Professor Chibuike Uche

MSc Accounting and Finance, Class of 1993, and PhD in Accounting, Class of 1997

Chibuike UcheArriving at LSE in September 1992 for the MSc Accounting and Finance programme (International Accounting and Finance) was for me a dream come true. For a Nigerian chartered accountant with limited international exposure, experiencing the LSE environment was both thrilling and challenging. The diversity of the School, which had students from almost 100 countries, gradually brought meaning to the need for contextualisation. This was no doubt reinforced by the world class professors that we were exposed to. In this direction, the late Professor Anthony Hopwood was a real delight. It is difficult to forget both his style and in-depth analysis of how organisational and societal diversities influence the accounting craft.  

After my Masters degree, I was privileged to be admitted into the PhD Class. Christopher Napier, a good man with  an eye for detail, agreed to supervise my thesis which investigated the various social, economic and political dynamics that shaped the evolution of banking and its regulation in Nigeria. He taught me to question the unquestioned.  When he left for a Chair in Southampton in 1996, the Department assigned me to Professor Richard Macve who had just arrived from the University of Wales, Aberystwyth. My 1997 doctoral thesis won the International Economic History Association Prize for Best Doctoral Thesis completed between 1997 and 2000 for the Post World War One period.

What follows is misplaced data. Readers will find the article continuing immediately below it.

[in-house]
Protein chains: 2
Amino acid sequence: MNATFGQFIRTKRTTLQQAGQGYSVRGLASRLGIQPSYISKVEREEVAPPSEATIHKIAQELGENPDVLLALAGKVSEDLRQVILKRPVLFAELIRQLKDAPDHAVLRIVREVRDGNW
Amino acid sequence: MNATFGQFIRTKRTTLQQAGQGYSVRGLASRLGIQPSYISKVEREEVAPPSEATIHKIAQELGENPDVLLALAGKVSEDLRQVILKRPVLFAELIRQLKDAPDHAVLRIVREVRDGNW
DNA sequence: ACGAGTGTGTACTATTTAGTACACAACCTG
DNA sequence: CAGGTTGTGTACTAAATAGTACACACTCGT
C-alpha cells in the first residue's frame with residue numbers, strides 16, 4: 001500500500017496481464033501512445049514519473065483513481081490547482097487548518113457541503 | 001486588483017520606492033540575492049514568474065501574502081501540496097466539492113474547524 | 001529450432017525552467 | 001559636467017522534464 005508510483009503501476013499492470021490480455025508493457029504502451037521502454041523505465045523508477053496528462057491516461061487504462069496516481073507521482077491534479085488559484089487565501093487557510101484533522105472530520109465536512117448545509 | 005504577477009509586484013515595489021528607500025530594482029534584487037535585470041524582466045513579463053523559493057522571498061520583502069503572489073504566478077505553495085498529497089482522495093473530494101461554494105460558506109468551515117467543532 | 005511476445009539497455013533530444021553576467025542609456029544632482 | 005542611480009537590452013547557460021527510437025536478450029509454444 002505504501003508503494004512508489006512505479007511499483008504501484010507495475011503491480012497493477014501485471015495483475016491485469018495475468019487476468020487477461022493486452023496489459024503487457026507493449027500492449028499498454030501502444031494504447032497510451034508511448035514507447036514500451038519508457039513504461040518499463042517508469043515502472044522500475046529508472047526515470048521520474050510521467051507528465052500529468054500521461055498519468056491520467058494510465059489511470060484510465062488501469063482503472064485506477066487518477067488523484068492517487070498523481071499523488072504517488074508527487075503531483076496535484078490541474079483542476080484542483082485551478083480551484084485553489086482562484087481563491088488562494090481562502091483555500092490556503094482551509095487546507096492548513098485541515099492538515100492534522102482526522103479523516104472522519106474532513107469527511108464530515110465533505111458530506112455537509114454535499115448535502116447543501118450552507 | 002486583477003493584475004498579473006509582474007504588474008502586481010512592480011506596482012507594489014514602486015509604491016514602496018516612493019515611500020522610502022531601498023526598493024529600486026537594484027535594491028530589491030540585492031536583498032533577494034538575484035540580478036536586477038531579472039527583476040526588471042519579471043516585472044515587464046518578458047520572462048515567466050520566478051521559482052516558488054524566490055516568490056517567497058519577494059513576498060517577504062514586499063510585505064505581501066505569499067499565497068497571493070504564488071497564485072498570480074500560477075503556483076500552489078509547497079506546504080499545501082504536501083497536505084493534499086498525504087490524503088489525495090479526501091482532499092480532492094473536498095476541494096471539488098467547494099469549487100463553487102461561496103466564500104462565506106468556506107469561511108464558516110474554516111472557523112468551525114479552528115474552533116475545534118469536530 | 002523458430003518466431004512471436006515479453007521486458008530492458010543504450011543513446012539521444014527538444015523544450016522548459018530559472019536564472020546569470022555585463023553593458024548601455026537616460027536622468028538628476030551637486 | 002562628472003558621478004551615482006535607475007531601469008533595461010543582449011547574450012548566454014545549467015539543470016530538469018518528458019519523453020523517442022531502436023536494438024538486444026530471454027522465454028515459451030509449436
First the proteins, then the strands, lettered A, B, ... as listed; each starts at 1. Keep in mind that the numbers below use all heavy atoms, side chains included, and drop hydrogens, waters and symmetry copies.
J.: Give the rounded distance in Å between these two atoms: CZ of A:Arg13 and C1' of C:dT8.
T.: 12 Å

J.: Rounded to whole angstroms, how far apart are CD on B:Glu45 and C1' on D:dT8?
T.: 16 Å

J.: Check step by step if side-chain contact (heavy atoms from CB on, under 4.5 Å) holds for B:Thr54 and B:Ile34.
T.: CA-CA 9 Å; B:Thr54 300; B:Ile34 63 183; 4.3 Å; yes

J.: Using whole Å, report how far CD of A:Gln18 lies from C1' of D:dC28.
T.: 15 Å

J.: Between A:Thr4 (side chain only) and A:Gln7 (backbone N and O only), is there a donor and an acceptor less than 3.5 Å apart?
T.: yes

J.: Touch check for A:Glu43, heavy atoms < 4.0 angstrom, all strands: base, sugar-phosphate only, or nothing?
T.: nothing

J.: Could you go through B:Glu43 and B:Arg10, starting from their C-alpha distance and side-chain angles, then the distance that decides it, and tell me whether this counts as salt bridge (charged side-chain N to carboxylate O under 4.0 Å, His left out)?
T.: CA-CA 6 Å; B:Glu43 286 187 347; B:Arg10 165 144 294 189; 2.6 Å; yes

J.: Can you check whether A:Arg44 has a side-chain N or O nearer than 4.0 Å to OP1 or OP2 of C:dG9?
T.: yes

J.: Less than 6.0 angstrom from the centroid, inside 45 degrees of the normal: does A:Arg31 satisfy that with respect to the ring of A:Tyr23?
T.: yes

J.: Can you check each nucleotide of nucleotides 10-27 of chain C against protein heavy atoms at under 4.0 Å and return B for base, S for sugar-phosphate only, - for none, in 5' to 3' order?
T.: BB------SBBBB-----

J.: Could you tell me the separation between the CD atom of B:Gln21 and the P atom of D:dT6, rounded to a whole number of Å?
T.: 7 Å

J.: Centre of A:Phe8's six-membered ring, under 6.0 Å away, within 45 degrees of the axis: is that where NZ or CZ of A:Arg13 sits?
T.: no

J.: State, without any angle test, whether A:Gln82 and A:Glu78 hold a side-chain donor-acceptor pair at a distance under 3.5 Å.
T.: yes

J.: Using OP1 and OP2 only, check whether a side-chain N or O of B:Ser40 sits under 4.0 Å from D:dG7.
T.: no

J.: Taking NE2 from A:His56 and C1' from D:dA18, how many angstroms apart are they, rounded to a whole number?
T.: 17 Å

Thirteen years after obtaining my doctorate degree, Professor Macve has remained my supervisor. It is such post - PhD LSE support that has facilitated my numerous publications, some of which are in the top journals in my area and my elevation, with effect from 2003, to the Chair in Banking and Financial Institutions at the University of Nigeria. In 2009, in recognition of my research contributions, I was appointed into the Monetary Policy Committee of the Central Bank of Nigeria.  Thus far, I have visited over forty countries across six continents on various academic fellowships and/or engagements. Although I am resident in Nigeria, my LSE training and support from the Accounting faculty has made it possible for me to be a global scholar.